An Introduction

I first became interested in 4AD, a UK independent record label founded in 1980, towards the end of the '80's. I was falling in love with the music of Dead Can Dance, Clan of Xymox, Pixies, Bauhaus and The Birthday Party and was surprised when the 4AD label sampler "Lonely Is An Eyesore" came out in 1987 that all these bands were from the same label.

After visiting a Pre-Raphaelite exhibition of some American's collection of art, I came to thinking of all this musical art that 4AD have released that may one day drift into obscurity unless someone shows it as art. So now I'm on a crusade, to collect the first ten years of 4AD's releases and exhibit the collection on 4AD's 50th anniversary in 2030. This is a big task which will have some interesting twists and turns along the way.

Monday, 1 December 2014

Get the wish list below 900 by the new year (Check back Regularly) Part II

I've decided to start a new post for December as the November one was starting to fill up. Come back for regular updates as I try and attempt to get my wantlist down to 900 releases by the years end....

30th December 2014

There is nothing I can do now. The ability to get my wantlist down to 900 items by the year end is in the hands of fate. All I can do is watch the post coming in and hope that there are enough items to finish off the seven needed to make 900. The post doesn't get delivered at my house until about noon and today each hour in the morning was spent listening for any noise at the letterbox. My wife decided to take the dog for a walk at around 11am, it felt silly sitting in for the postman just in case he was early, so I went along. On the way back the postman was making his way down the street in front of us. I was tempted to hassle him as we slowly caught up with him and consequent lost him as he turned into an industrial complex of buildings.

I needn't have bothered, as as usual there was nothing in the post except spam mail from every holiday company we have ever booked with in the last twenty years. No post again, nothing off the wantlist and only one day left, one last post. There is no way that I'm getting seven items in the morning, I have missed the target!!!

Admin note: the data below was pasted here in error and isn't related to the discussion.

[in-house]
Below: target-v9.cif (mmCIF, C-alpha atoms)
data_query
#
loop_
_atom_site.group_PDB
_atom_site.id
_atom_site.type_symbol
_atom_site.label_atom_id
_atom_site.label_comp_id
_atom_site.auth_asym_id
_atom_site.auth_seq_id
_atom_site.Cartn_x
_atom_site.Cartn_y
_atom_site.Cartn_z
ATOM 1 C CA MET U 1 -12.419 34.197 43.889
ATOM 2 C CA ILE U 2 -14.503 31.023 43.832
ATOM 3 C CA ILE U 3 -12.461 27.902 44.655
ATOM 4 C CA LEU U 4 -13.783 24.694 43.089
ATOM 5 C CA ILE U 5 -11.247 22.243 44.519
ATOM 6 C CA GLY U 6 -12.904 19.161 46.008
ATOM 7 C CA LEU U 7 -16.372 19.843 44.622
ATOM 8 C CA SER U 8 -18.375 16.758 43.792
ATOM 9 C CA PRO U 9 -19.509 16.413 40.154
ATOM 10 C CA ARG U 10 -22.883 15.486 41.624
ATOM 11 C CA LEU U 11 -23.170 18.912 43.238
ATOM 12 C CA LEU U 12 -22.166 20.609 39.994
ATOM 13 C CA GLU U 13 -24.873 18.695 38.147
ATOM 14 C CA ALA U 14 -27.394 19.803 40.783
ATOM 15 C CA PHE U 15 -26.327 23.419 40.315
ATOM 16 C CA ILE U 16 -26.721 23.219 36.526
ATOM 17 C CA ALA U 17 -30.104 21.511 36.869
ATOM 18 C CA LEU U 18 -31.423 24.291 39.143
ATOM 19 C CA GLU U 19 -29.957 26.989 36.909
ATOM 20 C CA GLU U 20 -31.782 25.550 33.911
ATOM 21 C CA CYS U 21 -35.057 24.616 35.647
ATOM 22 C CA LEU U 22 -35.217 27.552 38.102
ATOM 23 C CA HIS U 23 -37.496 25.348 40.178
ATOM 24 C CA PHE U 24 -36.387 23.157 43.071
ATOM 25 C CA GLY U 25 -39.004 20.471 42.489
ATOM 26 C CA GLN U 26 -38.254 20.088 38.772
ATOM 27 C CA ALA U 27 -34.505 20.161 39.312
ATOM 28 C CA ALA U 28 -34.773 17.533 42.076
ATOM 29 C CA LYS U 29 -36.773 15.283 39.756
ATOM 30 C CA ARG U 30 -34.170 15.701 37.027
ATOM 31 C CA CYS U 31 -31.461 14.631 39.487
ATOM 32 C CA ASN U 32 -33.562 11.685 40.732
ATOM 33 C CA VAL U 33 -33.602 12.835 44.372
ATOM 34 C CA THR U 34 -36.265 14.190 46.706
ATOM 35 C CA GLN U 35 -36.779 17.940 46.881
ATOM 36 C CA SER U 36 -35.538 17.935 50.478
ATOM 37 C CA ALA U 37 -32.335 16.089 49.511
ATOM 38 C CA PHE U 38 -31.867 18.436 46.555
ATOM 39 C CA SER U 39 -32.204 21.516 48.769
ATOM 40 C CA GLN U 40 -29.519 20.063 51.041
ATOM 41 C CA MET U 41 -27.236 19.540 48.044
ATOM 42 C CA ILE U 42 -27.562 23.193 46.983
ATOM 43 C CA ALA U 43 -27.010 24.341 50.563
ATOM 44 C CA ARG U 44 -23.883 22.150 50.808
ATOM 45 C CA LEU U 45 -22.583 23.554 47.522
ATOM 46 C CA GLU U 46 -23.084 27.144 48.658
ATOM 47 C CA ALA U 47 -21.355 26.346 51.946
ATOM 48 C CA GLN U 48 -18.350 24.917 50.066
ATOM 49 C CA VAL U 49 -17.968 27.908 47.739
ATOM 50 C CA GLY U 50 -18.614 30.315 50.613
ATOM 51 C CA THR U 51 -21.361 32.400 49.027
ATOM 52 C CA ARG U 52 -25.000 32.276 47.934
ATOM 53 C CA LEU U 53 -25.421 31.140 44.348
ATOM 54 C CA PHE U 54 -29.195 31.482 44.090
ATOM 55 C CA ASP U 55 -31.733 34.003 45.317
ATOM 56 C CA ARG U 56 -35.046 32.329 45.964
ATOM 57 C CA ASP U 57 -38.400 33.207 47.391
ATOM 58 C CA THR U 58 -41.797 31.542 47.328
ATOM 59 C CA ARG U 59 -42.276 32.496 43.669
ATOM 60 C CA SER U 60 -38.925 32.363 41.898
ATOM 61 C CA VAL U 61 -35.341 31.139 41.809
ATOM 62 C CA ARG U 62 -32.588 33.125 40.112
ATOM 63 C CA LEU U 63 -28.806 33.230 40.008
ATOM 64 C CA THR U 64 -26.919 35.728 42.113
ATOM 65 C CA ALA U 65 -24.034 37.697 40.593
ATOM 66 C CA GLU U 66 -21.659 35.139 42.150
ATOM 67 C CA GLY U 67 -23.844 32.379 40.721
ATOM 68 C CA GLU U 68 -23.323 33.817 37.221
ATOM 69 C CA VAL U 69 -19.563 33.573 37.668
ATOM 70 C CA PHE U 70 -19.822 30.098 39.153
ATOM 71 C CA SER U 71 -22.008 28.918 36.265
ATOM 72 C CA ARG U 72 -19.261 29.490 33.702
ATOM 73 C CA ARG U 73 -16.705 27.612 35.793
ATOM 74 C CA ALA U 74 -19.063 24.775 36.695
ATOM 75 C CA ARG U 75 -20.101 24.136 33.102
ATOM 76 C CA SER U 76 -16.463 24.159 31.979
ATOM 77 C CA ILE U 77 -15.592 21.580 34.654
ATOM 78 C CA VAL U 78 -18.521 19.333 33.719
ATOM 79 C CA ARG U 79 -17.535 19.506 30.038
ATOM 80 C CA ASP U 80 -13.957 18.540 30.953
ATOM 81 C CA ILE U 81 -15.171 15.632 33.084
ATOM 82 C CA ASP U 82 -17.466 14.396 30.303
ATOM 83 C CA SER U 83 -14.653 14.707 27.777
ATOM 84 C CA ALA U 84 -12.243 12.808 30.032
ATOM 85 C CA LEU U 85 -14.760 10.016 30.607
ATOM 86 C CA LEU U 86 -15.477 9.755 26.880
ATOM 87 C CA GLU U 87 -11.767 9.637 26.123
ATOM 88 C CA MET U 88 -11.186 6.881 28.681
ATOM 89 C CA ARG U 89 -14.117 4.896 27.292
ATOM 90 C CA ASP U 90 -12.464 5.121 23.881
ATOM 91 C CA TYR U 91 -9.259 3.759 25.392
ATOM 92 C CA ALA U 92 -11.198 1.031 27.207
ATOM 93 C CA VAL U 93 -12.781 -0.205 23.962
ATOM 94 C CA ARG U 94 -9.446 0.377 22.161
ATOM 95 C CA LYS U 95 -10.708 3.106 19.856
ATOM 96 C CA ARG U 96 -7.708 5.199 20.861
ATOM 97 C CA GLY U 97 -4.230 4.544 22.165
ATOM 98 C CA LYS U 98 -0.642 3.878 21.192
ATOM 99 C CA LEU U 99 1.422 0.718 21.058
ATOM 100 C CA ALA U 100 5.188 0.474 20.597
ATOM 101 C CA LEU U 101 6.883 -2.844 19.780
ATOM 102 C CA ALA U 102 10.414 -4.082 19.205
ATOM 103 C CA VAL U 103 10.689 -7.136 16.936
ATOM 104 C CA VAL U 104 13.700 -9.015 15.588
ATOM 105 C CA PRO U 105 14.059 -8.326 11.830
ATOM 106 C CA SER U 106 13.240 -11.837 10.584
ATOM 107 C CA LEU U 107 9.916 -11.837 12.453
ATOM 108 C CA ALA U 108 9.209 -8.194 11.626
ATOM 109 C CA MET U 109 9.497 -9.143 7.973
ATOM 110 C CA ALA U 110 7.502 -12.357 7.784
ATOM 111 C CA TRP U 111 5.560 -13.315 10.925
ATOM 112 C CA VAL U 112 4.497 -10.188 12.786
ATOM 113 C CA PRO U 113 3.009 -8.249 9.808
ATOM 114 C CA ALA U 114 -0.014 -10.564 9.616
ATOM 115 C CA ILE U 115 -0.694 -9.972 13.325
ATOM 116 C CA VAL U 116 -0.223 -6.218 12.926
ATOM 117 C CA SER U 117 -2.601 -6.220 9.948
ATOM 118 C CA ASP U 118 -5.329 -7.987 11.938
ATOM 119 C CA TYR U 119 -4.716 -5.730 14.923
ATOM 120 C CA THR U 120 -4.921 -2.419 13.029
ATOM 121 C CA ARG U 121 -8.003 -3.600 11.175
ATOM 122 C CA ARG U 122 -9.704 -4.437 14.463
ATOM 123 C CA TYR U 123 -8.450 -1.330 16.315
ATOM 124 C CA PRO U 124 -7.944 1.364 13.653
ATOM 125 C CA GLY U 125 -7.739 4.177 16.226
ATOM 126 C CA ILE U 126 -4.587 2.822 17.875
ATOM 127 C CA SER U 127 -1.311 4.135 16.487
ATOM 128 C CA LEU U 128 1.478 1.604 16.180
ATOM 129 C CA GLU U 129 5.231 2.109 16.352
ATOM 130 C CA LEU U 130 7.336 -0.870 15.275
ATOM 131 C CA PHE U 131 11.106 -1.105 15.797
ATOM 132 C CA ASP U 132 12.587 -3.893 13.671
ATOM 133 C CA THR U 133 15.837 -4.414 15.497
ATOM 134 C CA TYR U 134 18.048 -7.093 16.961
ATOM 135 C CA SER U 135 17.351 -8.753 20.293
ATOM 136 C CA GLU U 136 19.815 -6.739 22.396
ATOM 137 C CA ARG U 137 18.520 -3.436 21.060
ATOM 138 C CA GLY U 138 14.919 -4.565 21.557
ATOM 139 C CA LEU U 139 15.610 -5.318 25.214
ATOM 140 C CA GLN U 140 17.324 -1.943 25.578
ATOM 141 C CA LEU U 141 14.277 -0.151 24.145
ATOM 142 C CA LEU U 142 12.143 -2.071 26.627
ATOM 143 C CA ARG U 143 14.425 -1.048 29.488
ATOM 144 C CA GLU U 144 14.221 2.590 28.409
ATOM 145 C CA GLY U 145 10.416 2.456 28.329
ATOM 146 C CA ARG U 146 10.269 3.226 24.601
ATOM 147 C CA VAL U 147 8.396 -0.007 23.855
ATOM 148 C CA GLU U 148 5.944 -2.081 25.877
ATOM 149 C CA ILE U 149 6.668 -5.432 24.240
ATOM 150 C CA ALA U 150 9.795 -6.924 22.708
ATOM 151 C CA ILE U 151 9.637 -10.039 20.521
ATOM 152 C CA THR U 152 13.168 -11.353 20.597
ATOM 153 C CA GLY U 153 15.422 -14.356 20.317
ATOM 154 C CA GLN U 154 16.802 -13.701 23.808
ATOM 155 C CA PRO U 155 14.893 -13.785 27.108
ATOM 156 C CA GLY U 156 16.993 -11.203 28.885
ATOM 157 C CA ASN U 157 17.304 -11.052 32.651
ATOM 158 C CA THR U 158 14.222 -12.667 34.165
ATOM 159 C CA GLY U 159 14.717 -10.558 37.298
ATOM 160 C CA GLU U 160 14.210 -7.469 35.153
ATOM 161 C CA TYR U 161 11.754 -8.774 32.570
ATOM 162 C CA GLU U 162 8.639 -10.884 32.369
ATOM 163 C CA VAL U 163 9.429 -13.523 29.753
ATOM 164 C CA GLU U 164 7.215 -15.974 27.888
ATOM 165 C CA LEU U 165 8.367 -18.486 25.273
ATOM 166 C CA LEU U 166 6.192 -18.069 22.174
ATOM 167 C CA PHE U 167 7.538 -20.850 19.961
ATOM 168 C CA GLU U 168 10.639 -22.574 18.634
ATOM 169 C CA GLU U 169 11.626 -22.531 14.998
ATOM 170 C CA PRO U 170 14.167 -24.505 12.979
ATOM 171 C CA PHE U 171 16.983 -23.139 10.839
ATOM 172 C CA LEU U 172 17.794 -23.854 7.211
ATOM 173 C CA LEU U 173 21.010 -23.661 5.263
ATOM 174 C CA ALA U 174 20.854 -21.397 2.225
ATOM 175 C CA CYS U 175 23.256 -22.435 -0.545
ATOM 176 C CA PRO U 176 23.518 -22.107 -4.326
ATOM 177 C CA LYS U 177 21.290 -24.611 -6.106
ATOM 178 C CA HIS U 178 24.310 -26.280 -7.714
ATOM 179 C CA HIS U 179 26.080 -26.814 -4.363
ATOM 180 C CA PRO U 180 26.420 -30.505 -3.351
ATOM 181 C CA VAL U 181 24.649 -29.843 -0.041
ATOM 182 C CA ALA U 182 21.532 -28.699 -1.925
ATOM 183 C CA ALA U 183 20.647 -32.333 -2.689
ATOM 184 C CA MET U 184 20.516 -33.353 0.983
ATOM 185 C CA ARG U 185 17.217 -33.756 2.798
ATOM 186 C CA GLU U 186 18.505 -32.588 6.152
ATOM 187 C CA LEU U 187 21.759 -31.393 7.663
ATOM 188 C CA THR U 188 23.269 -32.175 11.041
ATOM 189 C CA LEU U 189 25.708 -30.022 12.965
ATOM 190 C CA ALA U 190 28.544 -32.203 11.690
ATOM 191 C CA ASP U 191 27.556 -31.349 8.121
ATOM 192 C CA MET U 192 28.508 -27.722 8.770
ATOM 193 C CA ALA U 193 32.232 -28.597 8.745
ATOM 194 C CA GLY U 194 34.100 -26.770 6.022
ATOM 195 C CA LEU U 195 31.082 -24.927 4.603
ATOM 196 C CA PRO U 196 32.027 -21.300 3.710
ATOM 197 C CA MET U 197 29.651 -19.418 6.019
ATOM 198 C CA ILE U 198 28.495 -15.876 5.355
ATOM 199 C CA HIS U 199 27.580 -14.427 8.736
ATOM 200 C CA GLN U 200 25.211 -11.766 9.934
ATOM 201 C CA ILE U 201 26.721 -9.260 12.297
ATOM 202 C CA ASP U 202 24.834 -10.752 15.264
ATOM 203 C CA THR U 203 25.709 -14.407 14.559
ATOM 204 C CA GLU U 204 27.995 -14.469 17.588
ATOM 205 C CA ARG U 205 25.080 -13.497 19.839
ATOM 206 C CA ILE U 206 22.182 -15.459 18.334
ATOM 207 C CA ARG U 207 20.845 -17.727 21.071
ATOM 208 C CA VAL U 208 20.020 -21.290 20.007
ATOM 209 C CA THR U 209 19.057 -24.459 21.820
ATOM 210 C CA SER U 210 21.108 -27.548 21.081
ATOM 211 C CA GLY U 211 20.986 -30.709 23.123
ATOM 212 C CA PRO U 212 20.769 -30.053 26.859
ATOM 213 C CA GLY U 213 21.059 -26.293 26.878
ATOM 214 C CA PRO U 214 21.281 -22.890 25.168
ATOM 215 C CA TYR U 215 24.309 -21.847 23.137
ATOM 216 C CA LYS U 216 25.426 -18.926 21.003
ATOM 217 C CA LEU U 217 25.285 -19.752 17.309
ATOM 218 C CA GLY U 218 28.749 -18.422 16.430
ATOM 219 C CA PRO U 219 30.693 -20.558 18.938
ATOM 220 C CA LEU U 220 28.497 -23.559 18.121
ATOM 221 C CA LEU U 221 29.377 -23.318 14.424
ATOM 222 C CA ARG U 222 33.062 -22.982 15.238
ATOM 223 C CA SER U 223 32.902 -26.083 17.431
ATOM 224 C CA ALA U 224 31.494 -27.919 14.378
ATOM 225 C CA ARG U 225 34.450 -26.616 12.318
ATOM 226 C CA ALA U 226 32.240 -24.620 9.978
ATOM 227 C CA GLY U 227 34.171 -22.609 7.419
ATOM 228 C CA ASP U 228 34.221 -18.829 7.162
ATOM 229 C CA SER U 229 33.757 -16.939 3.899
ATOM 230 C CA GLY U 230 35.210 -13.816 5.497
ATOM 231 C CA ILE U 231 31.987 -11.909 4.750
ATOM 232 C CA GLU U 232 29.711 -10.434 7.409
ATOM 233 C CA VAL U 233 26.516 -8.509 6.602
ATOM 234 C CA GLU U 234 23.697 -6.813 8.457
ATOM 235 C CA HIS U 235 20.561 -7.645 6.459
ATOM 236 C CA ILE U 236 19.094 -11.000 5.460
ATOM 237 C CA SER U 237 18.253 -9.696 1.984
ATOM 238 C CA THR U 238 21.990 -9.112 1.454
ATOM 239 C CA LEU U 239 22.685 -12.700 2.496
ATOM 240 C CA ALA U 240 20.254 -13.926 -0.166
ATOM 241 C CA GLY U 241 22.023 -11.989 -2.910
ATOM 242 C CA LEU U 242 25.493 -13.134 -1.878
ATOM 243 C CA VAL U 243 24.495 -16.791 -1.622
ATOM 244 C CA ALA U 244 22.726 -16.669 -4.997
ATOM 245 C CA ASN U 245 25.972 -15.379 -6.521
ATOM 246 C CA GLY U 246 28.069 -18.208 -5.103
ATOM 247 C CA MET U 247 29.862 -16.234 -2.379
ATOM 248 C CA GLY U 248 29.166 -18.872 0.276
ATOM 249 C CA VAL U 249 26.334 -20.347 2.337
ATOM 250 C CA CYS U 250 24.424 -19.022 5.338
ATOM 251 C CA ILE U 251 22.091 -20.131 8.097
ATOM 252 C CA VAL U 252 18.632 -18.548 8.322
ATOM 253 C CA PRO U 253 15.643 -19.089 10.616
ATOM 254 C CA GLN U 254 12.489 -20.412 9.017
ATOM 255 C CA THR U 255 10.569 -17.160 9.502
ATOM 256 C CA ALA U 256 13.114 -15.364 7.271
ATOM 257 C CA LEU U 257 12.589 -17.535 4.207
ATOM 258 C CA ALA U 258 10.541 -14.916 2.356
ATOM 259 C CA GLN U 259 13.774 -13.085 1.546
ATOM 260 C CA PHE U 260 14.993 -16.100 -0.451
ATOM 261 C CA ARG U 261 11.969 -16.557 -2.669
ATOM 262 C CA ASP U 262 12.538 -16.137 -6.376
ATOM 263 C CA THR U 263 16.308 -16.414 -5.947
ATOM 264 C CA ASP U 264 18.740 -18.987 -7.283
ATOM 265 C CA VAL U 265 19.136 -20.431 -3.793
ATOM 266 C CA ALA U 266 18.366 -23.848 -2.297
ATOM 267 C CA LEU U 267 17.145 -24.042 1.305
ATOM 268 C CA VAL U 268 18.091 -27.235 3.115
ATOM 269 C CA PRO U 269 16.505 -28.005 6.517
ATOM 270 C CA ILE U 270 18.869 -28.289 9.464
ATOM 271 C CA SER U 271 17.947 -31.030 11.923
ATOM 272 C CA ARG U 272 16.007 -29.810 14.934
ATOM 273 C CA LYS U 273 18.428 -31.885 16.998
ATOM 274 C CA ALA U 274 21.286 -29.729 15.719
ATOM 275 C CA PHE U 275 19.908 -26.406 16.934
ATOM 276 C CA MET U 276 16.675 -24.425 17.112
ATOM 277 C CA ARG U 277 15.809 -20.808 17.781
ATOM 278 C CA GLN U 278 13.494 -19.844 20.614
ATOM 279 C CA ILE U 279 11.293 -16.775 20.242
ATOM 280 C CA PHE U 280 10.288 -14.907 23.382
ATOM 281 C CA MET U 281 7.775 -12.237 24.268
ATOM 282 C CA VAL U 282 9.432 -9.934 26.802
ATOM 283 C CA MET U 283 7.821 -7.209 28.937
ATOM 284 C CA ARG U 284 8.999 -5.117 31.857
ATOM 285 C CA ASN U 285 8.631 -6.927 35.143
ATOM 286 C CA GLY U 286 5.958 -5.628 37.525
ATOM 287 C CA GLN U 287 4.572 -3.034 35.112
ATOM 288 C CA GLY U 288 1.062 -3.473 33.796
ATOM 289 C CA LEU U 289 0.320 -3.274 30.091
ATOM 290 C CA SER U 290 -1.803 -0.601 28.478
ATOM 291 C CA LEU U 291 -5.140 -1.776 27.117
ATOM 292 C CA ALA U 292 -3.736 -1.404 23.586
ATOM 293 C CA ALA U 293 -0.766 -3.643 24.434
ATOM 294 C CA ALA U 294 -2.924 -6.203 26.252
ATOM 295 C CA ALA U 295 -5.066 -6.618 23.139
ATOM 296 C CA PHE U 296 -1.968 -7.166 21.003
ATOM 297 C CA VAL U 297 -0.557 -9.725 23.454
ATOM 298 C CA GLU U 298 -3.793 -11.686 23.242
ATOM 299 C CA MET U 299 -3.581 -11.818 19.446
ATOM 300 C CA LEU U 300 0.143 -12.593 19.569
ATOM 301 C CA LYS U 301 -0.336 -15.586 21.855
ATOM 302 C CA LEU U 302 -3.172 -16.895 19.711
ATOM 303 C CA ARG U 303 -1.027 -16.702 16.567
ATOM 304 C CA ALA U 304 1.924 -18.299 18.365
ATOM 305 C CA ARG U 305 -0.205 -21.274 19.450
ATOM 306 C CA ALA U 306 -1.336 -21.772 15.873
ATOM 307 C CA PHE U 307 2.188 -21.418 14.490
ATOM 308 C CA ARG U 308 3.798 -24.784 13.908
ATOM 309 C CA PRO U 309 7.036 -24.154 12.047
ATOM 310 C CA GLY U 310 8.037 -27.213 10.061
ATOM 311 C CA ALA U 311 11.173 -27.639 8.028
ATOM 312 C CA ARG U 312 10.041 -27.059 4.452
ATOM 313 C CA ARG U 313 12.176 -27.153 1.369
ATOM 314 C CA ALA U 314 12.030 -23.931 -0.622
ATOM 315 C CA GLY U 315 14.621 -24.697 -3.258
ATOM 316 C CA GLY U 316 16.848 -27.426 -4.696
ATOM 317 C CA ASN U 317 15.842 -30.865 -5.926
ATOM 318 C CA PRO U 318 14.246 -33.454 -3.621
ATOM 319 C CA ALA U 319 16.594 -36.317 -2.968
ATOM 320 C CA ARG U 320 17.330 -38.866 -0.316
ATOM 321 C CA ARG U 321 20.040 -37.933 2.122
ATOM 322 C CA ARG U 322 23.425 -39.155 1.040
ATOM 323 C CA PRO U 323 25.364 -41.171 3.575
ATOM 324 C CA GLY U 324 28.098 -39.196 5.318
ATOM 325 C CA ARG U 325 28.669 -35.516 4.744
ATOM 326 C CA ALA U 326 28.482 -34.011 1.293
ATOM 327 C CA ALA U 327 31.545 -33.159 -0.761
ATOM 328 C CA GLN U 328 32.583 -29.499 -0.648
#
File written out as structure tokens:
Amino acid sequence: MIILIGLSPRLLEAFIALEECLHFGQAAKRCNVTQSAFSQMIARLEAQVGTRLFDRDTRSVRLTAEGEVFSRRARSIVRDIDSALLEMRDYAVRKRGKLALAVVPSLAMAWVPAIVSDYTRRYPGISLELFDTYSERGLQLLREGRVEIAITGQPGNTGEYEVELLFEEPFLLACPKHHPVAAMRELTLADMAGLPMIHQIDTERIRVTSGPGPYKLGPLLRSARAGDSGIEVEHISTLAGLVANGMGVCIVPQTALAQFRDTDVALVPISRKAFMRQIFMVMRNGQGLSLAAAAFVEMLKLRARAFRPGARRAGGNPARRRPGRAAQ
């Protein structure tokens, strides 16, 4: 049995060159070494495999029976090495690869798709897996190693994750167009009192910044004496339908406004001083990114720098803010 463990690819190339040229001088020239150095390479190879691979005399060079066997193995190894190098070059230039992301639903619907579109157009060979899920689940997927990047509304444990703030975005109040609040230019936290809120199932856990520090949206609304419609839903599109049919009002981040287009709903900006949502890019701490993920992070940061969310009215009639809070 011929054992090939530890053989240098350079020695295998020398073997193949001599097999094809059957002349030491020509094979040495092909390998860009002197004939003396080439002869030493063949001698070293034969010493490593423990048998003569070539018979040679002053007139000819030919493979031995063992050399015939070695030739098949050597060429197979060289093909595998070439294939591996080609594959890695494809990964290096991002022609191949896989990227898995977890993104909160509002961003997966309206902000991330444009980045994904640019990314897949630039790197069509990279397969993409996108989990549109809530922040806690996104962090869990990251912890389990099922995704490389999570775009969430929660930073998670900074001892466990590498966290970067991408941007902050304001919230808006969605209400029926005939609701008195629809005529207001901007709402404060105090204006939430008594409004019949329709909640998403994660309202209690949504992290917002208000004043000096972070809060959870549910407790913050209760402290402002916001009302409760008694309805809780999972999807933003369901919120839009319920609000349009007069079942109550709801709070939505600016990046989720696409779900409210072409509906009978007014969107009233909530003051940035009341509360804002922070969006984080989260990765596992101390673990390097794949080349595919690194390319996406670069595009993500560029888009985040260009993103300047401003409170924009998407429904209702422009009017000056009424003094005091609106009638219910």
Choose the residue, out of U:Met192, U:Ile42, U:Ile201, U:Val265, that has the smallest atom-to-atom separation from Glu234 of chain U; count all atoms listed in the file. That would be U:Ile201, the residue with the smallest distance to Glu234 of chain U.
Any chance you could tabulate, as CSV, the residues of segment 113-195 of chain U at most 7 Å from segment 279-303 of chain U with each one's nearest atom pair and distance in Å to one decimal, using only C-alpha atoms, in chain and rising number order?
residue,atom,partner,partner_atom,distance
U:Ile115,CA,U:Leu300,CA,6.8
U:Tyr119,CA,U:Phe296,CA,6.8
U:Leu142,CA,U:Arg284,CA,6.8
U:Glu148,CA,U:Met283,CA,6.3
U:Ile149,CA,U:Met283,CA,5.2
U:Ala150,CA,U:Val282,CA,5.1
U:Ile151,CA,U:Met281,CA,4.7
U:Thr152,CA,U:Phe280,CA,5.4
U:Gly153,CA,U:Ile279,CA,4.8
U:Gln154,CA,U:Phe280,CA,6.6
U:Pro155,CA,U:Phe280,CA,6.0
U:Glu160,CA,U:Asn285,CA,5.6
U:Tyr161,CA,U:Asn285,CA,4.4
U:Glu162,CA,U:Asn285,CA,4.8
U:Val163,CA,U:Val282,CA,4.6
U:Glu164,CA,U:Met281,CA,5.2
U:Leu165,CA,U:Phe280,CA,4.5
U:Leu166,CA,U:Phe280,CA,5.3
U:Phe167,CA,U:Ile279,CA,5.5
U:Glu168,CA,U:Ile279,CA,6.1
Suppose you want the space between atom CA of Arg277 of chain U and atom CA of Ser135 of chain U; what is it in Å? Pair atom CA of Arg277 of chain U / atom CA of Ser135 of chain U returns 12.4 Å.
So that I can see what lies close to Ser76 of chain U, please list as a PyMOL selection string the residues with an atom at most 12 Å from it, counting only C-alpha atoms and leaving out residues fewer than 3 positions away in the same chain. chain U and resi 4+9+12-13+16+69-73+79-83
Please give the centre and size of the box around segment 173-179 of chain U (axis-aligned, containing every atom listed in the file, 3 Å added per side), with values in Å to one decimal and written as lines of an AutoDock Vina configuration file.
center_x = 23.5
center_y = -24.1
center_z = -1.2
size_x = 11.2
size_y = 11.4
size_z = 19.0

Let us see if it will be any closer tomorrow.

29th December 2014

I wasn't sure if Royal Mail posted on a boxing day or not, I still don't know whether or not they do as there was no post. Neither was there any on Saturday. The days count away and I feel helpless to even try and accomplish anything. There was some hope today as there was a record fair about 15 miles away, which produced a single compilation album called The Beggars Banquet File, but later today I also found a Cocteau Twins test pressing that I had to add to my wantlist. So the wantlist is still at 907. There was nothing in the post again today and I have two days left. It's looking like a fail for the end of the year, which is really upsetting. Maybe everything will turn up tomorrow morning, I can only wait and see

25th December 2014

No post at home yesterday, on my birthday as well. Of course there's no post on Christmas day either. So the count stays at 907, even though I visited a record store in Chesterfield yesterday...and found nothing of course. Anything bought now online will not likely be posted and received before the year end, so it's down to what will get delivered from already purchased stuffies. There is a small hope on the horizon. There is a record fair on Monday and a really nice trader chappie that I passed my wantlist to, says there might be a couple of things for me when I see him there. I will keep my fingers and anything else crossed. This is going down to the wire. Enjoy your day, I will be back.....

23rd December 2014